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Halfway From Home

Adichie’s stories are comfortable hybrids

Written by Amulya Gopalakrishnan |
June 7, 2009 2:46:06 pm

Adichie’s stories are comfortable hybrids
In 1956,Horace Miner published an anthropology paper about the exotic customs and medicine men of the Nacirema,a tribe that fetishises a mouth-rite that “consists of inserting a small bundle of hog hairs into the mouth,along with certain magical powders,and then moving the bundle in a highly formalised series of gestures”.

Of course,Nacirema is just American spelt backwards and scrutinised with a neutral-seeming,estranging eye. And in some ways,Chimamanda Ngozi Adichie’s new collection of short stories does exactly that.
In ‘Since Last Monday’,a fresh-off-the-boat Nigerian nanny is amused by the anxious regulations of “healthy parenting” like “we don’t do high-fructose corn syrup,bleached flour or trans-fat”. A young wife is coached by her bumptious husband in ‘The Arrangers of Marriages’— “Americans say busy,not engaged”,“Americans don’t drink their tea with milk and sugar”— even as she observes the vulgarity of food courts and the bleak particulars of Flatbush Avenue,where she has been pitched.

Though her stories span Nigeria and America,they are not neat parables about how the nation’s shadow falls on the condition of exile. In one story,a woman seeking political asylum and torn by her four-year-old son’s killing,walks out of an uncomprehending American embassy,because “the new life” she wants to build is in her ancestral hometown where she would plant ixora flowers and tend her son’s memory.

Adichie’s characters are pulled along multiple identifications. One of the most artful stories is ‘Ghosts’,where an elderly professor runs into an old colleague,long supposed dead in the Biafran conflict. In the course of a brief conversation,she layers an entire history of personal tragedy and compromise,ageing and loneliness.

Adichie sets up a tidy trajectory and then unexpectedly veers away,opening up a small revelation. Only ‘Jumping Monkey Hill’ about a writing workshop in Africa,felt somewhat tinny and unsuccessfully meta,for all its skilful telling. “This is agenda writing,it isn’t a real story of real people”,rails the stick figure of Patronising White Africanist about the narrator’s short story. Ironically enough,this is the one story where the resolution is a little too pat while her other stories,in their piling up of specific detail,intimately reflect politics.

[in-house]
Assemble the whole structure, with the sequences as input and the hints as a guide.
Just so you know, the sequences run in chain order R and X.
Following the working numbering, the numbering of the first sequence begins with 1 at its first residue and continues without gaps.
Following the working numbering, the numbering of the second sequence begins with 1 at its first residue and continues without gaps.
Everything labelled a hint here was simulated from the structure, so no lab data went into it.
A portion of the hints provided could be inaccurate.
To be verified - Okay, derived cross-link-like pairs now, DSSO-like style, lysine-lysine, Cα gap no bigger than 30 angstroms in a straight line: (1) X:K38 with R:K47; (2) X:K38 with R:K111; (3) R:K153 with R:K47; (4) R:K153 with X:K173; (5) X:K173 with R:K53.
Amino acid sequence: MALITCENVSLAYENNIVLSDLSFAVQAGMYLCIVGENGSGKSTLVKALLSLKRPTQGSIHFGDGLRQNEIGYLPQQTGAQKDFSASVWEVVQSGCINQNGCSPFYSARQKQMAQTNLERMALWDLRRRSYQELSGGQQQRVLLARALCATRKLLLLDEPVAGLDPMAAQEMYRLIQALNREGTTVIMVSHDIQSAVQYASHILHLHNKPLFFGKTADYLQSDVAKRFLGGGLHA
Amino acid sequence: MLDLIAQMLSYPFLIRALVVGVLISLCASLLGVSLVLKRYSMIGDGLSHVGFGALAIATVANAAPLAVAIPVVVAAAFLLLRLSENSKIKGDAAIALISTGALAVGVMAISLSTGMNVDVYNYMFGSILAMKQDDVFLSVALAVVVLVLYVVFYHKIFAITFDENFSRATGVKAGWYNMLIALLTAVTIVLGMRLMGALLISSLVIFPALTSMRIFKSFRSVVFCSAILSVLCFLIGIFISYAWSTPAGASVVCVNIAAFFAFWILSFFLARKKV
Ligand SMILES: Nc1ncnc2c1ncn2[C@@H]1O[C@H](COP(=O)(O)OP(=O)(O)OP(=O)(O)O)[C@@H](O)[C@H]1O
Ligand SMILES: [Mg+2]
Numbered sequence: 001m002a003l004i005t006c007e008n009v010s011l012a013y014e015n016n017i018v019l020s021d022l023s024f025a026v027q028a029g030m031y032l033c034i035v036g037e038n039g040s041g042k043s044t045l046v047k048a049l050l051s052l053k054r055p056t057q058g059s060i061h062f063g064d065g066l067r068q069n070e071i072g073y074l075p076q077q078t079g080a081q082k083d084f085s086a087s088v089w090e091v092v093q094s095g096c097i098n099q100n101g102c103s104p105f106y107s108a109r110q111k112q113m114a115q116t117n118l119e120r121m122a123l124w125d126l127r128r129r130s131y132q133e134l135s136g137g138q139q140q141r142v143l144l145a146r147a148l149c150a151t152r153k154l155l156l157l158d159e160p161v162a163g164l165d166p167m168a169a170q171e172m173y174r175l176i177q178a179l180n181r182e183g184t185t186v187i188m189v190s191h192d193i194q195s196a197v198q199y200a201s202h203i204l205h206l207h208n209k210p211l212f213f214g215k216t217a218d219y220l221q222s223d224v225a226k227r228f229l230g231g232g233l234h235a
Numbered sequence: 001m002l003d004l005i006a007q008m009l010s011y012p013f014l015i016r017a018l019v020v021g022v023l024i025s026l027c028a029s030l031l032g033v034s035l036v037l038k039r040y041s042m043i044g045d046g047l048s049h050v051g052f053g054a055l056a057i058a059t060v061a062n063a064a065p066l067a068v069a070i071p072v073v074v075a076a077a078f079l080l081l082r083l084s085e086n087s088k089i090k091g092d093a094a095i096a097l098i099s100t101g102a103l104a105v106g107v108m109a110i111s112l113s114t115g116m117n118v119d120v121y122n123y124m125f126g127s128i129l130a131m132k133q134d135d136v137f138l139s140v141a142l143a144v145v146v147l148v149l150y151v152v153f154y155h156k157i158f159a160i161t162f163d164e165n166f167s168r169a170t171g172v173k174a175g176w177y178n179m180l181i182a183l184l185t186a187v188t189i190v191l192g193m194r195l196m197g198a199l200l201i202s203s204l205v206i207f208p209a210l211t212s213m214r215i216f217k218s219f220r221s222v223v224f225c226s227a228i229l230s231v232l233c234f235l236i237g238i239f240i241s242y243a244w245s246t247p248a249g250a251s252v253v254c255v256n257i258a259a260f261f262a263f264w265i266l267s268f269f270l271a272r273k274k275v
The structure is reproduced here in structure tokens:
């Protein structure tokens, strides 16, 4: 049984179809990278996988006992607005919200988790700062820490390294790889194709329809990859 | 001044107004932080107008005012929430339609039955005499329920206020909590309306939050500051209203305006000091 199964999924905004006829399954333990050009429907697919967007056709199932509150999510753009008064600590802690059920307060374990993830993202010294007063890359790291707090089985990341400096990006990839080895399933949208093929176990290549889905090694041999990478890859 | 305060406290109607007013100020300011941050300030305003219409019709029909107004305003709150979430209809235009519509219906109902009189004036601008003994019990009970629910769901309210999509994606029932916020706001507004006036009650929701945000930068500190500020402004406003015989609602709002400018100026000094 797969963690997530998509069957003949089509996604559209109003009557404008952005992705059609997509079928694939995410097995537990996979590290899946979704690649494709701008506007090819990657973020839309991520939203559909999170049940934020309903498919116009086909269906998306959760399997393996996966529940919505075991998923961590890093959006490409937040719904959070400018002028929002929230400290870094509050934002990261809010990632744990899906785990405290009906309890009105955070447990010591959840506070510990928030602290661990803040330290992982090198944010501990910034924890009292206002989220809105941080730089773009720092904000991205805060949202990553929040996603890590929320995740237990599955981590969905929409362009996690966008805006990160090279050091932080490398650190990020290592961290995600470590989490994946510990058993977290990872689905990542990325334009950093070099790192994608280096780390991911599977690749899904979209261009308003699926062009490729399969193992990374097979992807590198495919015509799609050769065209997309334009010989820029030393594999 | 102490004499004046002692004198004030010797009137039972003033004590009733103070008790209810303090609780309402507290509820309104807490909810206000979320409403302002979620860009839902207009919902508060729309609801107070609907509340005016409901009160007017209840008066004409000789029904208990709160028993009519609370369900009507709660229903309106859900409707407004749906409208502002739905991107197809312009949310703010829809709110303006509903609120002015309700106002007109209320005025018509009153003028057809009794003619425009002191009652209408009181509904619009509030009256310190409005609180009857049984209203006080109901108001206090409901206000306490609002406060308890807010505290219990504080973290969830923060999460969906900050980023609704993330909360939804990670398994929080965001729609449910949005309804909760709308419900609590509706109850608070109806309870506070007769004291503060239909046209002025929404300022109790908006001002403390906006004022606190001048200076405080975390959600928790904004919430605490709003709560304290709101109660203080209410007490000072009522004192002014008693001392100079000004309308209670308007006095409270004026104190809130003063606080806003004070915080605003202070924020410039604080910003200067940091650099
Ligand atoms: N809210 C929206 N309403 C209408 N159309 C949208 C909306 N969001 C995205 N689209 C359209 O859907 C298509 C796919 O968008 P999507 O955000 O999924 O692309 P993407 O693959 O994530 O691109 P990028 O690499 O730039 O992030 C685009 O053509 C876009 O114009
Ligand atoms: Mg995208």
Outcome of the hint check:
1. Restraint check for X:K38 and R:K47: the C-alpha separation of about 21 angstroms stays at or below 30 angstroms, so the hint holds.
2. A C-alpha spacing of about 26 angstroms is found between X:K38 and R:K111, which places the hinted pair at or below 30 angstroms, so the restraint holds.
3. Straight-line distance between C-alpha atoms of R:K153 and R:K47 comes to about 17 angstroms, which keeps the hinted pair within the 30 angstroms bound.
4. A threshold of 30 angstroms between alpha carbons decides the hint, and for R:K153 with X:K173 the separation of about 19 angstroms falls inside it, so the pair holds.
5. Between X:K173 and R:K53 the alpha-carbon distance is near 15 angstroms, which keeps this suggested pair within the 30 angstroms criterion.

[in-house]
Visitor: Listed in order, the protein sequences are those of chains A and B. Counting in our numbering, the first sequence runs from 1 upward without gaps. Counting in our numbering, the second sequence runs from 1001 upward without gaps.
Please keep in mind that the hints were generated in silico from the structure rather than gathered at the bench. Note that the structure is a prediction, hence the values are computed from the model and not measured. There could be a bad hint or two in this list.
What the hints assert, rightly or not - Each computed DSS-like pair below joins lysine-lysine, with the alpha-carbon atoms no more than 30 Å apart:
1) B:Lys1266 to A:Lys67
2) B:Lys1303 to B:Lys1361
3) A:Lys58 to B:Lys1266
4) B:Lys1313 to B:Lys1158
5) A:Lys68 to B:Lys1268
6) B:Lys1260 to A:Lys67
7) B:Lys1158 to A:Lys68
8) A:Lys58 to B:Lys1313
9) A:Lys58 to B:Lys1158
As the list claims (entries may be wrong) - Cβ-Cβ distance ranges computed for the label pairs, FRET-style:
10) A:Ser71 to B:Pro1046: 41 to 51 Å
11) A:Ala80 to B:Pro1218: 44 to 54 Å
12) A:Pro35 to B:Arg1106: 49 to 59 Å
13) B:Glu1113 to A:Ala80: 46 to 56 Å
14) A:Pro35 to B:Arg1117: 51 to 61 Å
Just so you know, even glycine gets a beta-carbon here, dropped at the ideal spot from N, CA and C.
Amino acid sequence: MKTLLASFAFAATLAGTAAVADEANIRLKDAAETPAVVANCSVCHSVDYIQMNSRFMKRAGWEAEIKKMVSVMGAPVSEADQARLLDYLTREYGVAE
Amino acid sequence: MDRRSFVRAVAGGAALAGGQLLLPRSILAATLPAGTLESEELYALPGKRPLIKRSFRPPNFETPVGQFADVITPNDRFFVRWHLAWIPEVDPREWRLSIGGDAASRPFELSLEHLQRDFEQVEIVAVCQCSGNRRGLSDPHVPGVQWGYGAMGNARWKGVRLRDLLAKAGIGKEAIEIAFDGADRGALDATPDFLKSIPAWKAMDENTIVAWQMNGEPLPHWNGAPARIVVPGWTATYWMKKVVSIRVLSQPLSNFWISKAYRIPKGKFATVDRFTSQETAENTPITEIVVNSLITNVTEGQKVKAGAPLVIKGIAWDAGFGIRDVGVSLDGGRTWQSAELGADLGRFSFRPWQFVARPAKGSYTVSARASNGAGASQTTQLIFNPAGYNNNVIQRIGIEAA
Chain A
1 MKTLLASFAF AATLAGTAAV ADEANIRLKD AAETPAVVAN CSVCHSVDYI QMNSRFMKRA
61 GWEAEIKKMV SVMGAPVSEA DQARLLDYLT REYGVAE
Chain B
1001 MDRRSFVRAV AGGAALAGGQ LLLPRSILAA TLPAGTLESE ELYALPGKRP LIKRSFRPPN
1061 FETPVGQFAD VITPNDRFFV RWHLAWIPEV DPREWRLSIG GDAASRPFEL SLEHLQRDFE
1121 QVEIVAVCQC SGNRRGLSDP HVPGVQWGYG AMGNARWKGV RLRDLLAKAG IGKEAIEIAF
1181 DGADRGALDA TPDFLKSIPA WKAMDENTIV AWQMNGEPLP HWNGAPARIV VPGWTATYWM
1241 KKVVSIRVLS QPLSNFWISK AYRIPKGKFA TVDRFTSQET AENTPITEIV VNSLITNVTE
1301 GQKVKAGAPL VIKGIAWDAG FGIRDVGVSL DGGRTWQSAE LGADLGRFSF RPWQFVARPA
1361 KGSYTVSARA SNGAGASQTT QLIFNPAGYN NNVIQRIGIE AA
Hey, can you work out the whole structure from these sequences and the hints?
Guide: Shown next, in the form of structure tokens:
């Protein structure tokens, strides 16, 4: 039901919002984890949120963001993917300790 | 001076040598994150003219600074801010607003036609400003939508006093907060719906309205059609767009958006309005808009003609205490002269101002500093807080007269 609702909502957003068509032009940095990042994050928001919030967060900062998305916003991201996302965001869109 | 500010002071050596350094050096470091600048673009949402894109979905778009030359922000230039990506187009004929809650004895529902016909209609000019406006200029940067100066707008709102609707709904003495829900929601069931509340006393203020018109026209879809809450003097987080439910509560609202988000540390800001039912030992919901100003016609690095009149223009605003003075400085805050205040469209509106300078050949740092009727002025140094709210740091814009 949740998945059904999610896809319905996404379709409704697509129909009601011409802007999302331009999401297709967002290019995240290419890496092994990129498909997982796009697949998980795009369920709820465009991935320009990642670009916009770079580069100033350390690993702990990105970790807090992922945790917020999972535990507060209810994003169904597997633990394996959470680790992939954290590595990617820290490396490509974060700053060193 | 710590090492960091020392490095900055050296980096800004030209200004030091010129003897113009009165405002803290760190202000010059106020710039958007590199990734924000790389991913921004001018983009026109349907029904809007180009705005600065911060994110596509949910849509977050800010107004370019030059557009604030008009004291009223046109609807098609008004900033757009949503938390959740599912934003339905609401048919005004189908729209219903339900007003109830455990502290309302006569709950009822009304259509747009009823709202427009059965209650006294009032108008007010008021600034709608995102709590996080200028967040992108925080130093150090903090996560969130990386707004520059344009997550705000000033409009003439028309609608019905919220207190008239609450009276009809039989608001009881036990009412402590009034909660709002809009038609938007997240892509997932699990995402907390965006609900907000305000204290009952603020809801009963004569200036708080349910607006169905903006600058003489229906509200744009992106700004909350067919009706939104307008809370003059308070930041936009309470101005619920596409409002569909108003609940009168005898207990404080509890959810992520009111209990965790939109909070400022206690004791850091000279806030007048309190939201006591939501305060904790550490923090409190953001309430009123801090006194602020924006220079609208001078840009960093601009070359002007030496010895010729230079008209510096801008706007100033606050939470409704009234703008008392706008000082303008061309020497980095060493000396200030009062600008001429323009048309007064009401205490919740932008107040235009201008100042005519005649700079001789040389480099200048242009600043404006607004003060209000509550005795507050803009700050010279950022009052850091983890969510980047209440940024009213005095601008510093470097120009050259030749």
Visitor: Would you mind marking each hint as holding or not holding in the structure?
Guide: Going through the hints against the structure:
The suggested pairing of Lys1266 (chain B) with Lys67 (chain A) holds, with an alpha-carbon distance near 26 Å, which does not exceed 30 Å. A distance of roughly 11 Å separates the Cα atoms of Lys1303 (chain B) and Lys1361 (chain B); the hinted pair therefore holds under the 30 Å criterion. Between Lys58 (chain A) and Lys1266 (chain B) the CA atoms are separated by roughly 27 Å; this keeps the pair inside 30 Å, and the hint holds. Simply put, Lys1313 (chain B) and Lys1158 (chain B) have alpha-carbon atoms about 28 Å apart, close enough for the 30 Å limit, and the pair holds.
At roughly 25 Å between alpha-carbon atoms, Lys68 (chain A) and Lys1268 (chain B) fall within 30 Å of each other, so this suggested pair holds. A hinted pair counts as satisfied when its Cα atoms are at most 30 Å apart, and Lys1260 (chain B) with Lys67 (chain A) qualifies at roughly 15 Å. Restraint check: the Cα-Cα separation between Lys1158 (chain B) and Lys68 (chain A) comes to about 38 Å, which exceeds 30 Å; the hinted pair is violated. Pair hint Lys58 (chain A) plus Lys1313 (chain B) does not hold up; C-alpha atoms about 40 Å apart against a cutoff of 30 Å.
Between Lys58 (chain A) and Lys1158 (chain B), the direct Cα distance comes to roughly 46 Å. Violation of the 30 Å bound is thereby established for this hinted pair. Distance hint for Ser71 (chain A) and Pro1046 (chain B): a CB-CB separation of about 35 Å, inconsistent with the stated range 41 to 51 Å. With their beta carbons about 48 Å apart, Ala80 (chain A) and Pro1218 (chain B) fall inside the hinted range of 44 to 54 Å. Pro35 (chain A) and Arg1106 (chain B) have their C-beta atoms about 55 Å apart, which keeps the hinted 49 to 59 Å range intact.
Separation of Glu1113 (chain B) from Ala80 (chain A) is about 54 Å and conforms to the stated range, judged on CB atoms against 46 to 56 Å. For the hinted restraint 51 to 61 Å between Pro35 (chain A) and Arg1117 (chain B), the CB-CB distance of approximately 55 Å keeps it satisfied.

Female complicity and chemistry figure prominently in her stories,between grandmothers and granddaughters,between housemaids and employers,between neighbours. In ‘A Private Experience’,a privileged Igbo Christian girl and a Hausa Muslim woman huddle together in a store,seeking refuge from religious riots. In ‘Since Last Monday’,Kamara is seized by an absurd,torrential love for another woman. All stories (except one) in this collection are about female characters,easy in their skin and spikily intelligent,steerers of their destiny.

Adichie has proven her dazzling talent with novels of generous amplitude (Half of An Orange Sun,The Purple Hibiscus). Here,she executes something else,in diverse,unclassifiable stories. Some images of Nigeria recur — the feathery Igbo accents,the dry and dusty harmattan season,the sharp colour of palm oil. Like Alice Munro’s Canadian corner of the world or John Updike’s East coast suburbia,Adichie can see the universe,and the universal,in her dizzying range of characters and situations.

The collection feels like looking through different windows — somewhere you wish you could go on looking for a while longer. Whether it is a grand generational saga of colonisation like ‘The Headstrong Historian’ or the moving college episode of ‘The Shivering’,Adichie is impressive in her versatility and control. ‘The Shivering’ is one of those stories that make her so difficult to slot and file away — it is a story of a privileged graduate student at Princeton who strikes up a friendship with a poor,gay Nigerian. She is like the walking wounded after a relationship unravels,he is dealing with his own neuroses,and the ups and downs of their companionship make for a funny,utterly natural story.

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